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Confucianism, Democratization, and Human Rights in Taiwan
978-0-7391-7300-8 • Hardback
October 2012 • $70.00 • (£44.95)
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978-0-7391-7301-5 • eBook
October 2012 • $69.99 • (£44.95)

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Pages: 126
Size: 6 1/4 x 9 3/8
By Joel Fetzer and J Christopher Soper
 
Political Science | International Relations / General
Lexington Books
Responding to the “Asian values” debate over the compatibility of Confucianism and liberal democracy, Confucianism, Democratization, and Human Rights in Taiwan, by Joel S. Fetzer and J. Christopher Soper, offers a rigorous, systematic investigation of the contributions of Confucian thought to democratization and the protection of women, indigenous peoples, and press freedom in Taiwan. Relying upon a unique combination of empirical analysis of public opinion surveys, legislative debates, public school textbooks, and interviews with leading Taiwanese political actors, this essential study documents the changing role of Confucianism in Taiwan’s recent political history. While the ideology largely bolstered authoritarian rule in the past and played little role in Taiwan’s democratization, the belief system is now in the process of transforming itself in a pro-democratic direction. In contrast to those who argue that Confucianism is inherently authoritarian, the authors contend that Confucianism is capable of multiple interpretations, including ones that legitimate democratic forms of government. At both the mass and the elite levels, Confucianism remains a powerful ideology in Taiwan despite or even because of the island’s democratization. Borrowing from Max Weber’s sociology of religion, the writers provide a distinctive theoretical argument for how an ideology like Confucianism can simultaneously accommodate itself to modernity and remain faithful to its core teachings as it decouples itself from the state. In doing so, Fetzer and Soper argue, Confucianism is behaving much like Catholicism, which moved from a position of ambivalence or even opposition to democracy to one of full support. The results of this study have profound implications for other Asian countries such as China and Singapore, which are also Confucian but have not yet made a full transition to democracy.
Joel S. Fetzer is professor of political science at Pepperdine University in Malibu, California.

J. Christopher Soper is Distinguished Professor of political science at Pepperdine University in Malibu, California.
Chapter 1. Confucianism and Democratization in East Asia
Chapter 2. Confucian Values and Elite Support for Liberal Democracy in Taiwan
Chapter 3. The Effect of Confucian Values on Public Support for Democratization and Human Rights in Taiwan
Chapter 4. The Treatment of Confucianism in Taiwanese Textbooks Before and After Democratization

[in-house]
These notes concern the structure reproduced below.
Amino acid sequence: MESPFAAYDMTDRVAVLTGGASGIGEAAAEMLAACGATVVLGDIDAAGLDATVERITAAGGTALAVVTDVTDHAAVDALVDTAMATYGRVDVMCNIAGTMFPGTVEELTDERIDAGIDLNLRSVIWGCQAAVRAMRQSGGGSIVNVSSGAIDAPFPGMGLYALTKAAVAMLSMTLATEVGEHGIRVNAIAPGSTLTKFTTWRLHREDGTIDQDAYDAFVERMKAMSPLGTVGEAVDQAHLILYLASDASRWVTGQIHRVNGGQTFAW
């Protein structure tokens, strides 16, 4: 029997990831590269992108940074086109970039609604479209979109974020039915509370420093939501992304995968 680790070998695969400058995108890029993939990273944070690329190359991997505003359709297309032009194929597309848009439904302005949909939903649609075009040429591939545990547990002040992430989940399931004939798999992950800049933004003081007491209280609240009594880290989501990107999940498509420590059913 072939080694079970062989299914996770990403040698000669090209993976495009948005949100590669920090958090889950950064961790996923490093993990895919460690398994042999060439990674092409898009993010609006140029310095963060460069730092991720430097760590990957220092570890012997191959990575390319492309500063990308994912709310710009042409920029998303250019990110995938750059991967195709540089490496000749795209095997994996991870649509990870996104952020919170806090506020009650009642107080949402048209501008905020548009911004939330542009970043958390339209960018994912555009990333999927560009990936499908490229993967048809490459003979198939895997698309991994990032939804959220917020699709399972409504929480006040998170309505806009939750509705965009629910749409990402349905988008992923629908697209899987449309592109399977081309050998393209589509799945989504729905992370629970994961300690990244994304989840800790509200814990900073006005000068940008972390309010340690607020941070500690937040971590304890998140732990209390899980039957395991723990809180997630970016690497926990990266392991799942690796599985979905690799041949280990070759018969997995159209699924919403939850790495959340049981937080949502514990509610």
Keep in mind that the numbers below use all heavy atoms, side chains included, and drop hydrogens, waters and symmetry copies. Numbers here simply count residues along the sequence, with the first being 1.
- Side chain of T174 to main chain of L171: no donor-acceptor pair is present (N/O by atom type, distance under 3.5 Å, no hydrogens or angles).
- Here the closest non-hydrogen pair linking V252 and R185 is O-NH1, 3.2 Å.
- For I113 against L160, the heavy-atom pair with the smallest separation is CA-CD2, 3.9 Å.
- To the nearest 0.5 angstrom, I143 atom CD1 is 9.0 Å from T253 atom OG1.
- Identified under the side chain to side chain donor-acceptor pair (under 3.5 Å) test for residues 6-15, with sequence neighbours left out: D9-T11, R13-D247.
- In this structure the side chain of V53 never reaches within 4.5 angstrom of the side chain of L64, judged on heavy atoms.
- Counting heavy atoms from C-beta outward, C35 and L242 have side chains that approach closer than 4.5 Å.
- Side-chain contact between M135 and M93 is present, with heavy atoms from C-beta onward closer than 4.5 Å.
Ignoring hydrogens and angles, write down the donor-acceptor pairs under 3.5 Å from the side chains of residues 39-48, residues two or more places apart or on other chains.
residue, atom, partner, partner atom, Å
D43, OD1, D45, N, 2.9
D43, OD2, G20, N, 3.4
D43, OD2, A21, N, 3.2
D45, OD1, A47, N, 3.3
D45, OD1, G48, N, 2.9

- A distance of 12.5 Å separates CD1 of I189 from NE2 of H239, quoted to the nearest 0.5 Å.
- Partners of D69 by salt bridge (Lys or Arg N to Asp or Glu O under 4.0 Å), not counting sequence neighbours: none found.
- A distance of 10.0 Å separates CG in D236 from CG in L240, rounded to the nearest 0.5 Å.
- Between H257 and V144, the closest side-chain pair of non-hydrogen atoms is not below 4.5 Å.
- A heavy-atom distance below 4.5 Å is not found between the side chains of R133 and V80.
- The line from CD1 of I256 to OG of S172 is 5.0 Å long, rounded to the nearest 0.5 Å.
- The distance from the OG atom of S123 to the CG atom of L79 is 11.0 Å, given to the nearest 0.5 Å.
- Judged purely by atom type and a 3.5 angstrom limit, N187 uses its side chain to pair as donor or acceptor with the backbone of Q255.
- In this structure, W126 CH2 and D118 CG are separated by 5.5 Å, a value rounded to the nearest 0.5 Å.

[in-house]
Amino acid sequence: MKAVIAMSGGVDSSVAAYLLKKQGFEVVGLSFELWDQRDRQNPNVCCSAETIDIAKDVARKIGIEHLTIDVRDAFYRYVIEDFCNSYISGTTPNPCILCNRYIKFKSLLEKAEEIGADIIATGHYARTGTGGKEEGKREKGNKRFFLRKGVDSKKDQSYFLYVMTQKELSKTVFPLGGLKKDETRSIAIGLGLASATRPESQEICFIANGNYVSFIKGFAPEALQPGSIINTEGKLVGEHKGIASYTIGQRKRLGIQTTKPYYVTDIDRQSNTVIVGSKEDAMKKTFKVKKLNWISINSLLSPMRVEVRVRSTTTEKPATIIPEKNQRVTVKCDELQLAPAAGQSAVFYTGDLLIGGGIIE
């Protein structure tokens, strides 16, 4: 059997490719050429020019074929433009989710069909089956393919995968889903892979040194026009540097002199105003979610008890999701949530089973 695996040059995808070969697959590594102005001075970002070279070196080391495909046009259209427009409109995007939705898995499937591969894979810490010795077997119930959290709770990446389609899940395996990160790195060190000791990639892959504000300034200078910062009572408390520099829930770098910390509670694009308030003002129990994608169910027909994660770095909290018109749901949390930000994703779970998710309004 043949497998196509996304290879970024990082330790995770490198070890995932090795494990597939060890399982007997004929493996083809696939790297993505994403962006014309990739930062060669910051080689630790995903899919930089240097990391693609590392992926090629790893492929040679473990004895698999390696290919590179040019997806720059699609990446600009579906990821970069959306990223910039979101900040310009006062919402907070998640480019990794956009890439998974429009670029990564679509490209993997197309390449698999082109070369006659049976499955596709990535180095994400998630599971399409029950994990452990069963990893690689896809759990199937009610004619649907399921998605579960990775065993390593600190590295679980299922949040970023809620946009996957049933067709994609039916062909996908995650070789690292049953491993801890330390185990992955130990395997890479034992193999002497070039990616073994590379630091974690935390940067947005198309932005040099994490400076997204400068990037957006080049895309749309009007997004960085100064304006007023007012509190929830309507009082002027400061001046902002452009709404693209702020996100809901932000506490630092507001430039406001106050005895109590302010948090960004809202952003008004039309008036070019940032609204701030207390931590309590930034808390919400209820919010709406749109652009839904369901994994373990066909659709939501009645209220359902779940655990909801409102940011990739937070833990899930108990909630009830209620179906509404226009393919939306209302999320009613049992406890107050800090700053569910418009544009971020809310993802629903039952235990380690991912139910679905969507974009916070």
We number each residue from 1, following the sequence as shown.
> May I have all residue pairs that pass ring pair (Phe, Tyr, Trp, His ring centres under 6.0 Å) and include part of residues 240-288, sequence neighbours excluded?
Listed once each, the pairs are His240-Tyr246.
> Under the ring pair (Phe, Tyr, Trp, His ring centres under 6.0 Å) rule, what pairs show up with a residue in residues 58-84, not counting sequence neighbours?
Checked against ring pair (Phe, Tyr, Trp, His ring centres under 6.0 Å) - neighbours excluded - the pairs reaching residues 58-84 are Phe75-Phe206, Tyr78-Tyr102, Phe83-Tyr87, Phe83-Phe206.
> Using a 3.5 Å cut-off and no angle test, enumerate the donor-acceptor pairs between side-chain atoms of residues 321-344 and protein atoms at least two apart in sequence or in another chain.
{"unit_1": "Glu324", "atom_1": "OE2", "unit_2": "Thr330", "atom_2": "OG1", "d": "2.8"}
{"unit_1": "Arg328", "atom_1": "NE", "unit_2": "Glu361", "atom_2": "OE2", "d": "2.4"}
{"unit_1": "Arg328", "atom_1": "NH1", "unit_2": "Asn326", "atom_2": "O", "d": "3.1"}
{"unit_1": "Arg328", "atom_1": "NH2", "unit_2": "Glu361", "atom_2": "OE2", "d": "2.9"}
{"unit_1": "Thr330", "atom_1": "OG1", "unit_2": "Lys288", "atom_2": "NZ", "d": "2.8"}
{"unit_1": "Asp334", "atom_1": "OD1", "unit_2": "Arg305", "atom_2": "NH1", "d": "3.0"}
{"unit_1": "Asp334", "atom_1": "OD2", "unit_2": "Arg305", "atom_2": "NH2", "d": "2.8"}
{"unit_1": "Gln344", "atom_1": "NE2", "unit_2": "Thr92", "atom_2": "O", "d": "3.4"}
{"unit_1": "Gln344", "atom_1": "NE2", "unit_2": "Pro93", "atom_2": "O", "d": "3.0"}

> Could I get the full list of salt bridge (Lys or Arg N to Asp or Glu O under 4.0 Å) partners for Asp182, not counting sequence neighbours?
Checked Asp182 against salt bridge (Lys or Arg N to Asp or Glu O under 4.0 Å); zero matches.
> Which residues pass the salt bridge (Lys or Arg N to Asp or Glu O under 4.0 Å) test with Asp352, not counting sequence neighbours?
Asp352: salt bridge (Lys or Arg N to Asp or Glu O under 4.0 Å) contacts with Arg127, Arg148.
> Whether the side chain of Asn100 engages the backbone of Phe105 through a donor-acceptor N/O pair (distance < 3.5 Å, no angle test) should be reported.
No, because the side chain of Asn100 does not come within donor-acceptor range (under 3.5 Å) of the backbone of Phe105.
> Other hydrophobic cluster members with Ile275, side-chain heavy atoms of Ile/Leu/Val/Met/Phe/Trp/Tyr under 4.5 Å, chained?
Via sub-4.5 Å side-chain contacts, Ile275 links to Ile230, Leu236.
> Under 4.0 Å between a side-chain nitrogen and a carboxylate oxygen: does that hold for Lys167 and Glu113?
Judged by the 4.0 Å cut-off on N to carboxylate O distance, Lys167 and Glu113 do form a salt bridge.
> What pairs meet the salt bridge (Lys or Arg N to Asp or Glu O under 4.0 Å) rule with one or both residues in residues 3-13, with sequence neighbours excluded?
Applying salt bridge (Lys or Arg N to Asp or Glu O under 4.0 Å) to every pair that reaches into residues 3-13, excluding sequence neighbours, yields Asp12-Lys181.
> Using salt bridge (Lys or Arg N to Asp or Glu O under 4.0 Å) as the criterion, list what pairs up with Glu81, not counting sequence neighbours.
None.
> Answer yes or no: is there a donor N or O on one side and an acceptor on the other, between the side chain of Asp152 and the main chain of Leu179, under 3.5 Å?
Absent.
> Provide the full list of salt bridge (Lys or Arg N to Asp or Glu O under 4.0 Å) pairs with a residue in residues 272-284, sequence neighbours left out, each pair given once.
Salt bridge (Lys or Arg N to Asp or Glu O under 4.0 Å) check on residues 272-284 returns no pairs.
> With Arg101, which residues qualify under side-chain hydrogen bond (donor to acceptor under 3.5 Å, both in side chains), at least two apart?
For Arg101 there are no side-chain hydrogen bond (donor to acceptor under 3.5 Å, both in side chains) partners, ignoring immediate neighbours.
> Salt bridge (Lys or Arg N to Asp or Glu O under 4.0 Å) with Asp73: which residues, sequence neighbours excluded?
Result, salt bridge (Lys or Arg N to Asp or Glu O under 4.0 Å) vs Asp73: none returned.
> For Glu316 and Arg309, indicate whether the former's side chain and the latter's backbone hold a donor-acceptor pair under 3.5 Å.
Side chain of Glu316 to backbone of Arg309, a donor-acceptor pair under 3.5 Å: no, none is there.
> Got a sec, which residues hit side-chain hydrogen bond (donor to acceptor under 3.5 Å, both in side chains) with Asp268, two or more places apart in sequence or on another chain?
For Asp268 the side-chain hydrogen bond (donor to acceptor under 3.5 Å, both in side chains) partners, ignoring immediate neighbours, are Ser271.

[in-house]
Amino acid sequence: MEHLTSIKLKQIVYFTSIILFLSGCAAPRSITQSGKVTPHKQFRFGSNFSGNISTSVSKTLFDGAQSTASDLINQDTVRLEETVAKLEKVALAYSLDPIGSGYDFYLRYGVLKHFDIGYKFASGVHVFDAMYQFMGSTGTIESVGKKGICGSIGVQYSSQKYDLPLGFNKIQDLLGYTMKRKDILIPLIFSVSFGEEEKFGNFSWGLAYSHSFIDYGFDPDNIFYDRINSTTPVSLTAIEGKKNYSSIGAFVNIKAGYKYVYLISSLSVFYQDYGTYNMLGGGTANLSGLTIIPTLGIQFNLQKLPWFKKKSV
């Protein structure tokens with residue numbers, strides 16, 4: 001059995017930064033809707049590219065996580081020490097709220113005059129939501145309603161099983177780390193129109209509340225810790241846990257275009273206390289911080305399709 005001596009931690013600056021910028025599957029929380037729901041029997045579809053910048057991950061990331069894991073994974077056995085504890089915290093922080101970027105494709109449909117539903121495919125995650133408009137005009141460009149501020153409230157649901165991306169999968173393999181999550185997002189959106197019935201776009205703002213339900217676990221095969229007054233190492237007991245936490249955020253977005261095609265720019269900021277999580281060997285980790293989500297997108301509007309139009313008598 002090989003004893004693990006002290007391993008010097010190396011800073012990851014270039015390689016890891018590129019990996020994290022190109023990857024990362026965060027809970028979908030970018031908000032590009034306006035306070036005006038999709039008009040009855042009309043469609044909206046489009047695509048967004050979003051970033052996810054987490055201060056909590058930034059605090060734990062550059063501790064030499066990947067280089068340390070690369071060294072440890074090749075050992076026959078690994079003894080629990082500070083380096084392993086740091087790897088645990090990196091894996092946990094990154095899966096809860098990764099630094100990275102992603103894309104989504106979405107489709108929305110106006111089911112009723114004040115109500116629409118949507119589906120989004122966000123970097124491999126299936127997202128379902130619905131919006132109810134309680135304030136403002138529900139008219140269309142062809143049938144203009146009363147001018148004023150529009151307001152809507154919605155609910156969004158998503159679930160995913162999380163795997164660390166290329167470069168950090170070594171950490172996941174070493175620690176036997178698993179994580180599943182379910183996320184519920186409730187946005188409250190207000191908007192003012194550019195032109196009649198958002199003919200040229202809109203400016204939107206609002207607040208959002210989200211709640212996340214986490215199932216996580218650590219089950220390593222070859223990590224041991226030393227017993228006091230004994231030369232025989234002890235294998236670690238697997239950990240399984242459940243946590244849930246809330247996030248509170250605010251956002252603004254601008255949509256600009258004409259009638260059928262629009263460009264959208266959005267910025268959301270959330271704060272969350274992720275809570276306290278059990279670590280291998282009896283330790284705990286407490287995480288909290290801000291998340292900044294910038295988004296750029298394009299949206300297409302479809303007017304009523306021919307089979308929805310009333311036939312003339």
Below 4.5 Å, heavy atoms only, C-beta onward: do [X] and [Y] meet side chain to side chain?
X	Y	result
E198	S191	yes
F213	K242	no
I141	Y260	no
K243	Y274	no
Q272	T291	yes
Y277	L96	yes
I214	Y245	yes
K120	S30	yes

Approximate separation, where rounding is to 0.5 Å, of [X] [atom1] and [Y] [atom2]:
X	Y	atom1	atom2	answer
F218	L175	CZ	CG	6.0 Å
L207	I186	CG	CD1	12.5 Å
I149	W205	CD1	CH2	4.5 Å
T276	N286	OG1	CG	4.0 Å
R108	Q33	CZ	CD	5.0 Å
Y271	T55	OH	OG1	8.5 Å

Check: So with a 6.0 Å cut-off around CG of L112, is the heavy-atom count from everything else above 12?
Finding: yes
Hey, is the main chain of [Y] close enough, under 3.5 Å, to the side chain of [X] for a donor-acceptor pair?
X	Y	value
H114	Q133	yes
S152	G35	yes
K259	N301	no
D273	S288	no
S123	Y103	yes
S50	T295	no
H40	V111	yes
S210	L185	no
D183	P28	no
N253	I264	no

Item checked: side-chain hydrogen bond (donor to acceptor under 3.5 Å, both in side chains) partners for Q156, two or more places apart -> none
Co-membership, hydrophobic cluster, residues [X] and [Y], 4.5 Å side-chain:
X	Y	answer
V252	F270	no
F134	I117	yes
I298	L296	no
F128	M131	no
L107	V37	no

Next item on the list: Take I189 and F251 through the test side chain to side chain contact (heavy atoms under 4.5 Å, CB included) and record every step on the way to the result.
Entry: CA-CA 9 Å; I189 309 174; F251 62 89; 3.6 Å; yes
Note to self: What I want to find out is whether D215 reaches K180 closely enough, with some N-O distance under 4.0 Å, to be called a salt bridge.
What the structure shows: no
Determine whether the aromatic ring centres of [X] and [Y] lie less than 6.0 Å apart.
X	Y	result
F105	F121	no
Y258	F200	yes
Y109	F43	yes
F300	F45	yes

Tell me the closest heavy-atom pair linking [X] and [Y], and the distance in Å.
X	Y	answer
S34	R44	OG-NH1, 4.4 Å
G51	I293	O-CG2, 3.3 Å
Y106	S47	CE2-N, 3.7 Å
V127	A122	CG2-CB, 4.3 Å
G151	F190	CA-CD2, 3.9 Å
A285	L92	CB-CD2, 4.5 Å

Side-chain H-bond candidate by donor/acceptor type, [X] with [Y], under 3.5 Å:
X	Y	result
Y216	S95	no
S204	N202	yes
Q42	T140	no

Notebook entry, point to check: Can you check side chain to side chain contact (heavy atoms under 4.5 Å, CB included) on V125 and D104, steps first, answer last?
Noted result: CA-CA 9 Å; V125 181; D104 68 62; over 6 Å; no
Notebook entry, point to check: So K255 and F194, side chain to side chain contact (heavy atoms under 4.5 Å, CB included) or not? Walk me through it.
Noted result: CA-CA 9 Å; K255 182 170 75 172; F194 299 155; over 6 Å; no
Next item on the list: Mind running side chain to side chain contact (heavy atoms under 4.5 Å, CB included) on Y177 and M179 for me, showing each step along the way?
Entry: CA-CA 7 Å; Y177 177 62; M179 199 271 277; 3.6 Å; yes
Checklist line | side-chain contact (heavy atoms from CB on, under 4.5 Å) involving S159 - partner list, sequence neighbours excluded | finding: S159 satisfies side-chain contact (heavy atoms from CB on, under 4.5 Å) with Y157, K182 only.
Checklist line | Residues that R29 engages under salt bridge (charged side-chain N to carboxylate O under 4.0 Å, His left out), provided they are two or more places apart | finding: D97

Chapter 5. The Role of Confucianism in Taiwanese Legislative Debates over Democratization and Human Rights
Chapter 6. Toward a Liberal-Democratic Confucianism: Evidence from Taiwan
Glossary of Non-English Terms
Statistical Appendix
Adding to the debate about the compatibility of Confucianism and democracy, this book focuses upon the role of Confucian values in the democratization of Taiwan. In contrast to the argument that Confucianism is largely conservative and has been used to legitimize political authoritarianism, the authors contend that this relationship is not inherent and is actually evolving, as illustrated by the experiences of Taiwan. Specifically, interviews with Taiwanese political leaders, surveys on mass-level attitudes, themes of public school textbooks, and analyses of legislative debates suggest that this belief system is now transforming itself in a pro-democratic direction. Persuasive as it is, the assertion that Confucianism can be reformulated in a liberal, democratic way (if the ideology is decoupled from the state), at a minimum, implies that some core Confucian principles are fundamentally incompatible with liberal democratic values. Overall, Fetzer and Soper provide an excellent and distinctive theoretical argument for the role of transcendent traditions in democratic politics. It will be of interest to students and scholars of Confucianism, Asian philosophy, tradition and democratization, and Taiwan studies. Summing Up: Highly recommended. Upper-division undergraduate, graduate, and research collections.
CHOICE


The role of Confucianism in Taiwan’s democratization is an important question. In Confucianism, Democratization, and Human Rights in Taiwan, Joel S. Fetzer and J. Christopher Soper examine this question through interviews with pro-democracy politicians, analysis of data from public opinion surveys between 1995 and 2009, Confucian content in textbooks before and after democratization, and legislative debates on key laws passed in the process of political liberalization. The study includes valuable points for the general reader interested in political and social developments in Taiwan. The back jacket summary tells the reader that Confucianism ‘played little role in Taiwan’s democratization.’ This overall conclusion, perhaps of greatest interest to the general reader, is supported by the different sources of data in the study.
Taiwan Today


Fetzer and Soper have produced an excellent case study that is both conceptually sophisticated and methodologically nuanced. This work combines a detailed understanding of the Taiwanese case with attention to major questions of the role of transcendent traditions in democratic politics.


Ted G. Jelen, University of Nevada, Las Vegas


Listen to Joel Fetzer discuss Confucianism and Democracy on the Research on Religion Podcast.

 
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